Incredible squash with poppyseed butter and poppy seed, harvested table side
Asparagus with cat tail pollen
Needles in a Haystack - Grissini in hay
Venison Liver
Peach, Speck, Charcoal
Weeds from the grounds + charcoal mayo
Corn Cobb Lemonade
Cucumber & Yogurt
Marionberry Bush with a little surprise underneath 
A perfectly petit tart
Tomato burgers
Ham Sandwiches & Pork liver with Chocolate
Green Gazpacho Julep - Reminded me so much of the gazpacho I had at Town House, which still haunts me today
The most incredible melon and farmers cheese. With sesame. This was the stand out dish of the night, so good we just sat there in awe.
Cucumber, Crab, Fennel
Copa, Melon
Peas, Corn, Lardo - Another stand out dish.
Fish taco, Kohlrabi Tortilla, Bloodline Tapenade - Tied for best dish of the night
Onion grown in soil amended with hazelnut, Hazelnut, Caviar 

Beans grilled with herbs, Peach Pit Yogurt & Blossoms

A detour to the patio, where we had Beet Hot Dogs with some beer as we watched the sun set.
An example of the restaurant educating its guests : three types of potatoes they are working on developing. Our server discussed many differences between them in taste, texture, starch and sugar content, etc..
Experimental Butter Potato, Baked in a compost crust
..Served with their cover crops. Another stand out course
Potato Pizza
Zucchini Bolognese, Peach 
Lets not forget the incredible bread
Blue Hill Pork, Spinach, Eggplant
Cabbage, Lardon, Lard
Oats, Blueberry ?
Plum Kouign Amann ?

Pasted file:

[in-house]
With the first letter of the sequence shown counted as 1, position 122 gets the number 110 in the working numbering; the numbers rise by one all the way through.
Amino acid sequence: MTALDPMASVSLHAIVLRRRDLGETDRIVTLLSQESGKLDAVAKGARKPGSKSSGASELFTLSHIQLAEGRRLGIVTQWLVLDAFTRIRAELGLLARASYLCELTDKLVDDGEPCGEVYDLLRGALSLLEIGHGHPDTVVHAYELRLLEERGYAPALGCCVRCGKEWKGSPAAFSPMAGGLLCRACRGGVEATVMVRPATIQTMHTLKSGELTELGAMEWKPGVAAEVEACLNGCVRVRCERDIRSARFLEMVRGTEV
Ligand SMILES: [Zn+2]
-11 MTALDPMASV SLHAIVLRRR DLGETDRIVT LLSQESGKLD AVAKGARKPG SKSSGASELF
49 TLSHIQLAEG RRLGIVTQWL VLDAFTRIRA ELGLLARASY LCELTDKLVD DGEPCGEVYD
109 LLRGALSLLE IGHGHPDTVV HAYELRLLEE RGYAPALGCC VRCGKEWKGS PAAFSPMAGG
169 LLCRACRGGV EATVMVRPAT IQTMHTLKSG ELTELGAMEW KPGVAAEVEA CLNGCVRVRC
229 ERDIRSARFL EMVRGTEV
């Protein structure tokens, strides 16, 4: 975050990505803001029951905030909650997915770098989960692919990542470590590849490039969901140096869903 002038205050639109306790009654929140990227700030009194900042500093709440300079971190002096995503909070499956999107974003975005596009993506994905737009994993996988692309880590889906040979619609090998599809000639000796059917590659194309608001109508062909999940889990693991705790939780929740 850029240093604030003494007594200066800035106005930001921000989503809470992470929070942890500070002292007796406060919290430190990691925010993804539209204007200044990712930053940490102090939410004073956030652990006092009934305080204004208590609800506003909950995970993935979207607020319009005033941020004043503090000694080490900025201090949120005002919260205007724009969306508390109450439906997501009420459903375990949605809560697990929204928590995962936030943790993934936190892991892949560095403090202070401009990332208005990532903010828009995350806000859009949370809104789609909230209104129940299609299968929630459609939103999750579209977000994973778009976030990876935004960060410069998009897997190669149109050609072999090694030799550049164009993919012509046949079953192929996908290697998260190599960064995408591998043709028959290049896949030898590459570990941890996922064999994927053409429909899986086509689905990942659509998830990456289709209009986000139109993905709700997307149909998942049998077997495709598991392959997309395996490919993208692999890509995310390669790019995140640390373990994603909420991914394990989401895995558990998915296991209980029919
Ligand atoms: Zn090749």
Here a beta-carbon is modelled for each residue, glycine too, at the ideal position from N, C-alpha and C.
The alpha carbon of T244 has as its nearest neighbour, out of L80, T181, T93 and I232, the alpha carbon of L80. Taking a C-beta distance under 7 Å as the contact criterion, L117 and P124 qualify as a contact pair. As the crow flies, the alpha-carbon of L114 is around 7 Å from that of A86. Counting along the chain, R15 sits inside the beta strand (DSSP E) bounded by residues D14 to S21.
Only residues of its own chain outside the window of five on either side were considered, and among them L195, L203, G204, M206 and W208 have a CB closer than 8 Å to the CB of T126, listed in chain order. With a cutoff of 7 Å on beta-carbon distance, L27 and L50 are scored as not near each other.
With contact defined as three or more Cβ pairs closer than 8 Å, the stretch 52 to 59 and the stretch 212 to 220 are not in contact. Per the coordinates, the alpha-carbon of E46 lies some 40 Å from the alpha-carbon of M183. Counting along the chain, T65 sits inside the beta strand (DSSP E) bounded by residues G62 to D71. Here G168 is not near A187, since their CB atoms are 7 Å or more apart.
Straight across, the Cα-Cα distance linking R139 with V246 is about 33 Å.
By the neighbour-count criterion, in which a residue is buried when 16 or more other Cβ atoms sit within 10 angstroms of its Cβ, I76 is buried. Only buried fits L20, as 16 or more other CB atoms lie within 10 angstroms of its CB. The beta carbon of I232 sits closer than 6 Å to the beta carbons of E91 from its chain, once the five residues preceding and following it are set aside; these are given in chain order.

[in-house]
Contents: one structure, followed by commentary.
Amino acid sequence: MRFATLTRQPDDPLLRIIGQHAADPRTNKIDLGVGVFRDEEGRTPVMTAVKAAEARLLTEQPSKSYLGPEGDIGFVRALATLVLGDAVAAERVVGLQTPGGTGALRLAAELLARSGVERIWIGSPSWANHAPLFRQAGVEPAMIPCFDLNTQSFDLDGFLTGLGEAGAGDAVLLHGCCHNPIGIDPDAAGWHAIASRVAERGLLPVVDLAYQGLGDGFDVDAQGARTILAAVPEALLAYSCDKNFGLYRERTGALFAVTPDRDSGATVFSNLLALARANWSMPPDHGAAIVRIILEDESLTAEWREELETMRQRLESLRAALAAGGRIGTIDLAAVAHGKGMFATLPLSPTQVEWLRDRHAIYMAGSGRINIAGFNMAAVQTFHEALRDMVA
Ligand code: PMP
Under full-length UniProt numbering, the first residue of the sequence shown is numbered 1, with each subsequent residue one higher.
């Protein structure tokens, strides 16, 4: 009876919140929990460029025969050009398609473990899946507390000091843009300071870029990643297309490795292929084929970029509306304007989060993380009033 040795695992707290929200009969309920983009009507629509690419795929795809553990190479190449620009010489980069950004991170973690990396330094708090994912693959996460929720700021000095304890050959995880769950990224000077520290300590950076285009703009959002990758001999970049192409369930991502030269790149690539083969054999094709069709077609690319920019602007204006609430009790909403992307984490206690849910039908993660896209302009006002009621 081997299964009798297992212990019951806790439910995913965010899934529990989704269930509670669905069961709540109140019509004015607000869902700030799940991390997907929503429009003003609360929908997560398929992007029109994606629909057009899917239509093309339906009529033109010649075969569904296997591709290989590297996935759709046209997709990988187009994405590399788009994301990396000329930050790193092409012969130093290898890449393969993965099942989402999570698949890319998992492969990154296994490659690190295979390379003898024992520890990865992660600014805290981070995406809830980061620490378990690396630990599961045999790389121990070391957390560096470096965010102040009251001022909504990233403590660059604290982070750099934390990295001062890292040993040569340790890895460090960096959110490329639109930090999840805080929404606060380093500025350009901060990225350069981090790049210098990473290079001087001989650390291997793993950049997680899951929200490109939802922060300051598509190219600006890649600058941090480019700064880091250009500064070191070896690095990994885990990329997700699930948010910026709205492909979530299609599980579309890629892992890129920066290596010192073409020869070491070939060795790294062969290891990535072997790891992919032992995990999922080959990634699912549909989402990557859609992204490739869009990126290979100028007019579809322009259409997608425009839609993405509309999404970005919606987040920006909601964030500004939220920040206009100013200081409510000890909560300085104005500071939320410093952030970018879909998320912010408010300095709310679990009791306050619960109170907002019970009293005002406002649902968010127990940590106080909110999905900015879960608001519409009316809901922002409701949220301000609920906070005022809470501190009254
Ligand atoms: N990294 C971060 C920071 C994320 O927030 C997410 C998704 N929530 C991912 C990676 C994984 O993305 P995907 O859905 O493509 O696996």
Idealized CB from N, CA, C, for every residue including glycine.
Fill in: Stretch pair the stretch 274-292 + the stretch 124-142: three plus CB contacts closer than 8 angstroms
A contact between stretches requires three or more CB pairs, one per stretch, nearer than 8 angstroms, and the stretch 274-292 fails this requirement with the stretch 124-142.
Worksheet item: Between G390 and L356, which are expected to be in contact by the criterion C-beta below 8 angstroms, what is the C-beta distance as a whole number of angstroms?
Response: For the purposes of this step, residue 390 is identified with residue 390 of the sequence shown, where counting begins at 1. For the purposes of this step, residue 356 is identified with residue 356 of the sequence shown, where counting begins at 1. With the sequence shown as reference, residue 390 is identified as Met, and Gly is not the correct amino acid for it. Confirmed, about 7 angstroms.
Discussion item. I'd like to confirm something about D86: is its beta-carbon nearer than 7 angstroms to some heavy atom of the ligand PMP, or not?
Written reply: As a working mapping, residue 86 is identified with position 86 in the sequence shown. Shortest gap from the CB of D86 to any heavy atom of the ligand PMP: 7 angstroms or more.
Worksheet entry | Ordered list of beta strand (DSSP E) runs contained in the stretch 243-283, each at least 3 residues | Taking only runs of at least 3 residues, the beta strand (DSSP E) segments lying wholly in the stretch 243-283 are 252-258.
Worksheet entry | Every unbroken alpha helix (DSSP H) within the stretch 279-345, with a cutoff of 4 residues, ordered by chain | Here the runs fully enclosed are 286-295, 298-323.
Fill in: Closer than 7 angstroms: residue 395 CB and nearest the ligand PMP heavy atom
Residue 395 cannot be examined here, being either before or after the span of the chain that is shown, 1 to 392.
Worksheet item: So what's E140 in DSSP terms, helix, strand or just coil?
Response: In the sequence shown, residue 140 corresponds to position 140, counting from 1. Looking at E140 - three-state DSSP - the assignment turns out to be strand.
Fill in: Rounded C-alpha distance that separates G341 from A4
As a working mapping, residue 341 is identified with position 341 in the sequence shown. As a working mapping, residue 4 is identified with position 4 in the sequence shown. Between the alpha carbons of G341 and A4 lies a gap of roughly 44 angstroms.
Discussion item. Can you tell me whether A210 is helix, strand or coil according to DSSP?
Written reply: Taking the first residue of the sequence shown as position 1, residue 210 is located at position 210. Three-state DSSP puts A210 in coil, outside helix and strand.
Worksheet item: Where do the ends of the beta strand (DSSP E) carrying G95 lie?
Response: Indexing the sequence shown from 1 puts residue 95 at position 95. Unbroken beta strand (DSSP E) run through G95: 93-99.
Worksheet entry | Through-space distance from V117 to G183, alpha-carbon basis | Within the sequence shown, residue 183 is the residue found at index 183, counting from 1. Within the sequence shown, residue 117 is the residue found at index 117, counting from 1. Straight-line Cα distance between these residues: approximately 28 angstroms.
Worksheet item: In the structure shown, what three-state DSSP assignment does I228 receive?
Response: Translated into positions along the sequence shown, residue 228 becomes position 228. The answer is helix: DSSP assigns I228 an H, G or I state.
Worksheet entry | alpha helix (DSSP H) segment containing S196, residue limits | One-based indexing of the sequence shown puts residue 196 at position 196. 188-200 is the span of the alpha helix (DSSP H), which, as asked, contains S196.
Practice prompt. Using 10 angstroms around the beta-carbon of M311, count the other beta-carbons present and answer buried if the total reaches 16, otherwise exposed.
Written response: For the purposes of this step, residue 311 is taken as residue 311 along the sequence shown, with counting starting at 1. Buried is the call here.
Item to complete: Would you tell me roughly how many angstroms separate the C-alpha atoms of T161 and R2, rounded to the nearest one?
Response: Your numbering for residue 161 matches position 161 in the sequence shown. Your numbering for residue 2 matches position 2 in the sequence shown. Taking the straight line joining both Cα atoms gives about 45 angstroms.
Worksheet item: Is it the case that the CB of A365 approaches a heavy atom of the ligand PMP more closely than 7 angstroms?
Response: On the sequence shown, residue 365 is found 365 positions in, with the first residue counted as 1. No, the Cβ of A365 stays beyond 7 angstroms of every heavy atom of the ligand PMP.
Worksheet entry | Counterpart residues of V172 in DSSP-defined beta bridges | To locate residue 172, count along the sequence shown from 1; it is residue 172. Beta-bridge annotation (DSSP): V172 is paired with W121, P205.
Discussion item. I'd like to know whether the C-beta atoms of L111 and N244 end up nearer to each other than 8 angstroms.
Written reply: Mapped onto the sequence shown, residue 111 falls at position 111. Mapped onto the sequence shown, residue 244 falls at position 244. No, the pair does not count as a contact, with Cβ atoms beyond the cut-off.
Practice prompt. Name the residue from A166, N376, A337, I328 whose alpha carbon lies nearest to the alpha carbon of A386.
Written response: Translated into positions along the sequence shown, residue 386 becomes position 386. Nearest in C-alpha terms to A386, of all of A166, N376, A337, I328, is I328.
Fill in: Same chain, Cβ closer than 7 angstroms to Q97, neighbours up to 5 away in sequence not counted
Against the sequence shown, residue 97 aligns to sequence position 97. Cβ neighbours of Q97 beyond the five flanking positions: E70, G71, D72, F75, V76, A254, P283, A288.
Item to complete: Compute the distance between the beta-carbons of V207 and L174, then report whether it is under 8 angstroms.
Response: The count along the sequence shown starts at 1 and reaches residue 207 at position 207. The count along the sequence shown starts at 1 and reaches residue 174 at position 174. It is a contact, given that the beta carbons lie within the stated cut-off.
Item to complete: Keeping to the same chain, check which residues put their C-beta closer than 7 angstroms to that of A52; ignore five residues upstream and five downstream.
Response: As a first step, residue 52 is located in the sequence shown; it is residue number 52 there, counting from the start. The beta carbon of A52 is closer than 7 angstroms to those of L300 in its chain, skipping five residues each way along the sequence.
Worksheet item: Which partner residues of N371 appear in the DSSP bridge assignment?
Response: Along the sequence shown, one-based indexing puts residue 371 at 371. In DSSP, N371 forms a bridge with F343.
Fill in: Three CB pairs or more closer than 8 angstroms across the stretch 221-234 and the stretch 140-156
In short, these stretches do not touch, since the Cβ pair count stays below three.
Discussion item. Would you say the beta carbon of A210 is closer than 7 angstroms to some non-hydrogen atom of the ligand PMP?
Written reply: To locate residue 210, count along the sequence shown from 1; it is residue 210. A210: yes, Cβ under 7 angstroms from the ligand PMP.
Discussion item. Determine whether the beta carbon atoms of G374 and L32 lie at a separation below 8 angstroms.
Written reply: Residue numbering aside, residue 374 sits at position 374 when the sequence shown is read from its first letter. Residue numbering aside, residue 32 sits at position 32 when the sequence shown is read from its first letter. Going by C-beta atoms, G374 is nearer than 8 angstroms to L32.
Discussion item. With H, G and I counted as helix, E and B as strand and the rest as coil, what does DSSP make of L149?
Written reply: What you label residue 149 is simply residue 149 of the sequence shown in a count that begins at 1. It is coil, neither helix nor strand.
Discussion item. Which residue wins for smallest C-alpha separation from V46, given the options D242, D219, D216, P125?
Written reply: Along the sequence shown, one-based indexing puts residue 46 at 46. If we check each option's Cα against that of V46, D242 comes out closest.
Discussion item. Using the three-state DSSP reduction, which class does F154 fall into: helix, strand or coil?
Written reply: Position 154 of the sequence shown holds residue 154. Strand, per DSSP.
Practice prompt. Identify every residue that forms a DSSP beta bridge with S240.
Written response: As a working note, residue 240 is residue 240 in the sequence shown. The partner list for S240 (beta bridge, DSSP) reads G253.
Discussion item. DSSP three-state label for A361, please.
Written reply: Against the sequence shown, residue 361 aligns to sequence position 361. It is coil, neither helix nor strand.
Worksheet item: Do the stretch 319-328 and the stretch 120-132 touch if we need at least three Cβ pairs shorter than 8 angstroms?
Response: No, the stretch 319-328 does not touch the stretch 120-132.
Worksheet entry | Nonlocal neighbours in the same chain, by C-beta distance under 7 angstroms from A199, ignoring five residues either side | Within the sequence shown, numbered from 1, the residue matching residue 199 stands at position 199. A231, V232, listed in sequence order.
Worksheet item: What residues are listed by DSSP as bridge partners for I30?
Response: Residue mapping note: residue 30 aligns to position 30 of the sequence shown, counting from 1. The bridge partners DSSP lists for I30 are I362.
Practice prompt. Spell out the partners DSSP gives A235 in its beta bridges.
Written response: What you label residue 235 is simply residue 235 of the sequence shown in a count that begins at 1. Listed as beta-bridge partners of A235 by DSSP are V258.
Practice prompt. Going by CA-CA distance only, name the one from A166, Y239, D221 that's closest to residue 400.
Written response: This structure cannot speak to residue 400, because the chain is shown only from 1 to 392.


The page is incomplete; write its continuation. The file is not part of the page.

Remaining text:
Its hard to summarize this meal. We chatted a lot with our server and it wound up spanning about four hours time. There were a few stand out dishes (I'll never forget that farmers cheese) and really no duds. Our least favorite, if I recall correctly, was the half sour asparagus with cat tail pollen. The whole experience was deeply involved - from touring the farm, chatting with the farmers and researchers, to discussing the evolution of the restaurant and the conceptualization of dishes with some of the chefs. Often times in restaurants of this caliber, its easy to feel like you're just there watching, yet at Blue Hill..we felt involved. Seeing everything from the ground to the plate - being educated at each step...it was quite an experience. Its easy to have buyers remorse when spending this kind of money on a meal but we were discussing our return before we were done with our meal.

My biggest regret with the whole meal was not doing the wine pairing. We are not extremely knowledgable about wine - just appreciate it on a kind of...basic level - and often times pairings are not worth the expense to us ...were better off ordering a glass or two of something we pick out carefully but a few days later, when I was attempting to get ahold of the restaurant to discuss a Taiwanese version of the corn lemonade that they were very interested in I noticed their sommelier is Charlie Berg - who I had some very memorable pairing form when he worked at Town House - which remains far and away the best restaurant meal of my life. If nothing else, I wanted to pick his brain about a sake pairing at the Town House meal that I have been trying to figure out/remember since 2011. So next time...wine pairing.

In the end - I cannot recommend BHASB highly enough. If you read my ancient posts when I was hopping around lots of high end restaurants in Chicago - you will know that most times I do not think its worth the time or money. This meal, however, we will cherish and remember for many years.

Monday, November 2, 2015

The wall is the art

Here's a quick one made up mostly of notes since the last one...some are more dated than others 

Some Shit:

I recall one time at a restaurant where I used to work,  I ran into one of our runners early one day. I asked, 'Why are you here now?" and he said 'I was told to come in so I could sit in the office all day and submit votes for the restaurant' - this was in regards to some 'best of' thing in some paper or web site. I cant remember the specifics, but you get the point